You want to segment the image into "grain" and "non-grain" areas.
Then you want to label the "grain" areas.
Segmentation is easy in principle: you process the image into a mask where all the "interesting" pixels are non-zero values (traditionally 1) and all the "non-interesting" pixels are zero.
Labeling is a matter of working through the segmented image and replacing each non-zero value with an ID for the cluster that it is in -- so the resulting image has zero-valued pixels (boring), and each cluster (in your case, each grain) with values 1, 2, 3, and so on.
I kinda like scikit-image; to label pixels with that you use skimage.morphology.label. Then if you want to operate on each individual grain (e.g., you want to find its centroid) you just mask the image on the label.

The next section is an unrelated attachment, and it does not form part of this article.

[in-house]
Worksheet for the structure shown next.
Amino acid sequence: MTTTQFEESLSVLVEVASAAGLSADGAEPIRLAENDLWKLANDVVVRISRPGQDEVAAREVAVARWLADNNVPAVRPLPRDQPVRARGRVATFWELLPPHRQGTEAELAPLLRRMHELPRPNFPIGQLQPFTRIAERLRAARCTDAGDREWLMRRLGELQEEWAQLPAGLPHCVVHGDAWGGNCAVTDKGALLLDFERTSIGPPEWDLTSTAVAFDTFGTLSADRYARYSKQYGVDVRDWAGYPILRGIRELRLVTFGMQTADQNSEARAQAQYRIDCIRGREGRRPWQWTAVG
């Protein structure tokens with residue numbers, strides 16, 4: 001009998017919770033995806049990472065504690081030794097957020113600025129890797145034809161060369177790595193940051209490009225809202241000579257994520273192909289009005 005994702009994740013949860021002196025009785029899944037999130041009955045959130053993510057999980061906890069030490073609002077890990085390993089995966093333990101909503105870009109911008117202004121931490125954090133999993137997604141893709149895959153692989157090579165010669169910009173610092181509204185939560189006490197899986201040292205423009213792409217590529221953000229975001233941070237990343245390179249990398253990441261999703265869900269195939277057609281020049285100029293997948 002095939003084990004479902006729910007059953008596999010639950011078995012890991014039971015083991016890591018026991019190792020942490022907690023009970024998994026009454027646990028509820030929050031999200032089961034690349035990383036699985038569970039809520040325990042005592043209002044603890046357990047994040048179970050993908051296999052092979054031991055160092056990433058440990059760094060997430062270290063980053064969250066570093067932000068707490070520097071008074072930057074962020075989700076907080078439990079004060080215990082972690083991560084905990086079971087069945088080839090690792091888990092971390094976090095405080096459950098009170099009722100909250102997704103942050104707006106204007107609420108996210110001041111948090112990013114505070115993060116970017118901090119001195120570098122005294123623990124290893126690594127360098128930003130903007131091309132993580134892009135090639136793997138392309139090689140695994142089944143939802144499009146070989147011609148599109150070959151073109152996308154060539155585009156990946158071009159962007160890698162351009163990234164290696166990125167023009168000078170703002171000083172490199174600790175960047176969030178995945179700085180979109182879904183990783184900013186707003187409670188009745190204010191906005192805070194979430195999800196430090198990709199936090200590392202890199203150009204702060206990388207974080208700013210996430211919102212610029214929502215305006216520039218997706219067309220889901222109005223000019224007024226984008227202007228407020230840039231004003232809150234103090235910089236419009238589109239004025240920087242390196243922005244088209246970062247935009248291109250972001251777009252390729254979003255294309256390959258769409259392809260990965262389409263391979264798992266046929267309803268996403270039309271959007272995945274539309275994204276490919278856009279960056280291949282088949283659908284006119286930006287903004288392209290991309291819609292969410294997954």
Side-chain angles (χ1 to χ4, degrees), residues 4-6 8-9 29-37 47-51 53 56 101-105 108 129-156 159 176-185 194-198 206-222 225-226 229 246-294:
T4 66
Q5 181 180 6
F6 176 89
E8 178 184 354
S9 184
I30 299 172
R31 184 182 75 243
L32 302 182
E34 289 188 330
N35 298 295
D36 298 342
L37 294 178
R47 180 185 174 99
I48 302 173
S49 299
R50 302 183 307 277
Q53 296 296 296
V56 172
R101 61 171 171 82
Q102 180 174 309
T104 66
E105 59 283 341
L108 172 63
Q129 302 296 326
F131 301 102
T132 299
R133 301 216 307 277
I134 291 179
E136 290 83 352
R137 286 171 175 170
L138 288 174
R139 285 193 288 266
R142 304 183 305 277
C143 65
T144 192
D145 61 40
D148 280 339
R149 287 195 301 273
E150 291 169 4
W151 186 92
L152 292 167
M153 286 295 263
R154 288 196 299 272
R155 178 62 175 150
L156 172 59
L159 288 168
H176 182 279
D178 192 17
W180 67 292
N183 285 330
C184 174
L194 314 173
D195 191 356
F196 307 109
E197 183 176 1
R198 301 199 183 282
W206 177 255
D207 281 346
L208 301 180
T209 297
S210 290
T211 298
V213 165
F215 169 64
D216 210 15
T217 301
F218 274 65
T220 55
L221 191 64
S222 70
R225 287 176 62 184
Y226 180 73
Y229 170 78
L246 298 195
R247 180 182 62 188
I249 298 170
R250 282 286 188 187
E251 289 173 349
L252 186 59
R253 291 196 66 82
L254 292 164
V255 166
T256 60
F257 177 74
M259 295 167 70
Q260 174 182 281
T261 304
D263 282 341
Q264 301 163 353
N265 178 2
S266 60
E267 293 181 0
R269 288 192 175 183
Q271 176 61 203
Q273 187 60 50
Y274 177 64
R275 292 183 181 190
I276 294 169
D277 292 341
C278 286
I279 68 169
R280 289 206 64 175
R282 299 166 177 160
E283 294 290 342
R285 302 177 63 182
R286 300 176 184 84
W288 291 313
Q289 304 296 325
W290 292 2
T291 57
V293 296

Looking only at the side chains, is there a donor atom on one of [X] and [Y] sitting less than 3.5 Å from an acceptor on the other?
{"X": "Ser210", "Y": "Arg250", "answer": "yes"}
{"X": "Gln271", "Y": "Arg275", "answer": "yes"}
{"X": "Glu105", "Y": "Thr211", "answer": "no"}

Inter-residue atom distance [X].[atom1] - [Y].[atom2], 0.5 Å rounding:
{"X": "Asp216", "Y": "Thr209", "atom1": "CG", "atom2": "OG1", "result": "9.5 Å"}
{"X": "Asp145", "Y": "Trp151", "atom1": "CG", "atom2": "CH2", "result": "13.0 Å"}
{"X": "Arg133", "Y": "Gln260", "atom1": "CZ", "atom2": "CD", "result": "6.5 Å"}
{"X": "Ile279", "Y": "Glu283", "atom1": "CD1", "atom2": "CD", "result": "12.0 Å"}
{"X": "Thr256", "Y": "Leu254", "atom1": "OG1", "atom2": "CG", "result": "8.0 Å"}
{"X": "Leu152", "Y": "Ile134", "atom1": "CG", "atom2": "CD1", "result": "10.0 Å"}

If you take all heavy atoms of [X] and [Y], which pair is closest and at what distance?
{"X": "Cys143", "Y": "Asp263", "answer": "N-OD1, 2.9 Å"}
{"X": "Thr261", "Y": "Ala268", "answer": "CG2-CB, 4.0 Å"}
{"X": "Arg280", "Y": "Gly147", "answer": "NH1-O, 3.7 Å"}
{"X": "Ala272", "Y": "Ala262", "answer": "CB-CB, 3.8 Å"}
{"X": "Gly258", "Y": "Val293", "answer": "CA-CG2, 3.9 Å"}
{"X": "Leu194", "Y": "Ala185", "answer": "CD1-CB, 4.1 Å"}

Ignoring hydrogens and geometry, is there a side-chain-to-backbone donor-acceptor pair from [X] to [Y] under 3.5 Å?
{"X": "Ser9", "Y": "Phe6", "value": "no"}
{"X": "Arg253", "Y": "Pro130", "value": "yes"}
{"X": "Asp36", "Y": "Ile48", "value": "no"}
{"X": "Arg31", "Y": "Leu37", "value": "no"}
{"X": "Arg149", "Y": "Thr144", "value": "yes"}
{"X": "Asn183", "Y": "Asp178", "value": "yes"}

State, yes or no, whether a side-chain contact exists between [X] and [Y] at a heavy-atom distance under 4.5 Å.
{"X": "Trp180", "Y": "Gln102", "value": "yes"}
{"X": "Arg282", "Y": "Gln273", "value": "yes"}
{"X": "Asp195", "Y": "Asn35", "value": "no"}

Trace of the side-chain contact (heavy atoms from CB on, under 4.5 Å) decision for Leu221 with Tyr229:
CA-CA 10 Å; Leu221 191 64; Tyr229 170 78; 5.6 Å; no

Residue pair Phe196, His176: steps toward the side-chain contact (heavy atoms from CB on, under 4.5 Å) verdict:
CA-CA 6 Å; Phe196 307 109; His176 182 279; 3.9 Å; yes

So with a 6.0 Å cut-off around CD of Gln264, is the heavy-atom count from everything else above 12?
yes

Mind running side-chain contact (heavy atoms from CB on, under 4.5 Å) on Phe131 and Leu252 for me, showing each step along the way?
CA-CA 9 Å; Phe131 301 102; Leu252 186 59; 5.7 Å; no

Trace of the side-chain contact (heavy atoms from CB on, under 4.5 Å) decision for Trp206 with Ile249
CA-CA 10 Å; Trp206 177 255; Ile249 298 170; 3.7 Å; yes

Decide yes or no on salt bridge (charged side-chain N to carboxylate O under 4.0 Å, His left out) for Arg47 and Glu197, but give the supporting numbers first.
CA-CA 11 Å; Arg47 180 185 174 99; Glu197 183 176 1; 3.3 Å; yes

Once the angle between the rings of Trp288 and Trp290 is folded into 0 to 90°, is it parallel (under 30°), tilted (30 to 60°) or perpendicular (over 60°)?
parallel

Segmentation is easy in principle, but difficult in practice. If you're really lucky, you can segment the image by comparing to some very dark but non-zero value, global to the image. "Objects" will be brighter than the threshold, "non-objects" will be darker. In the scikit-image environment, you should be able to use the code
binary = image > threshold -- then display
binary to see if it looks good.
If that doesn't work then start digging -- there are various ways to threshold an image. The simplest involve low-pass filtering the image, dividing that by some constant, and taking that as the threshold. This has the upside that gradual shading in the image (i.e., brighter on one side than the other) will be filtered out -- but it has the downside that large bright features, like your image has -- will suppress detection around them.
Ultimately, you need to experiment with your image(s) to find the best segmentation method. Find one that works, test it on some images, and run with it.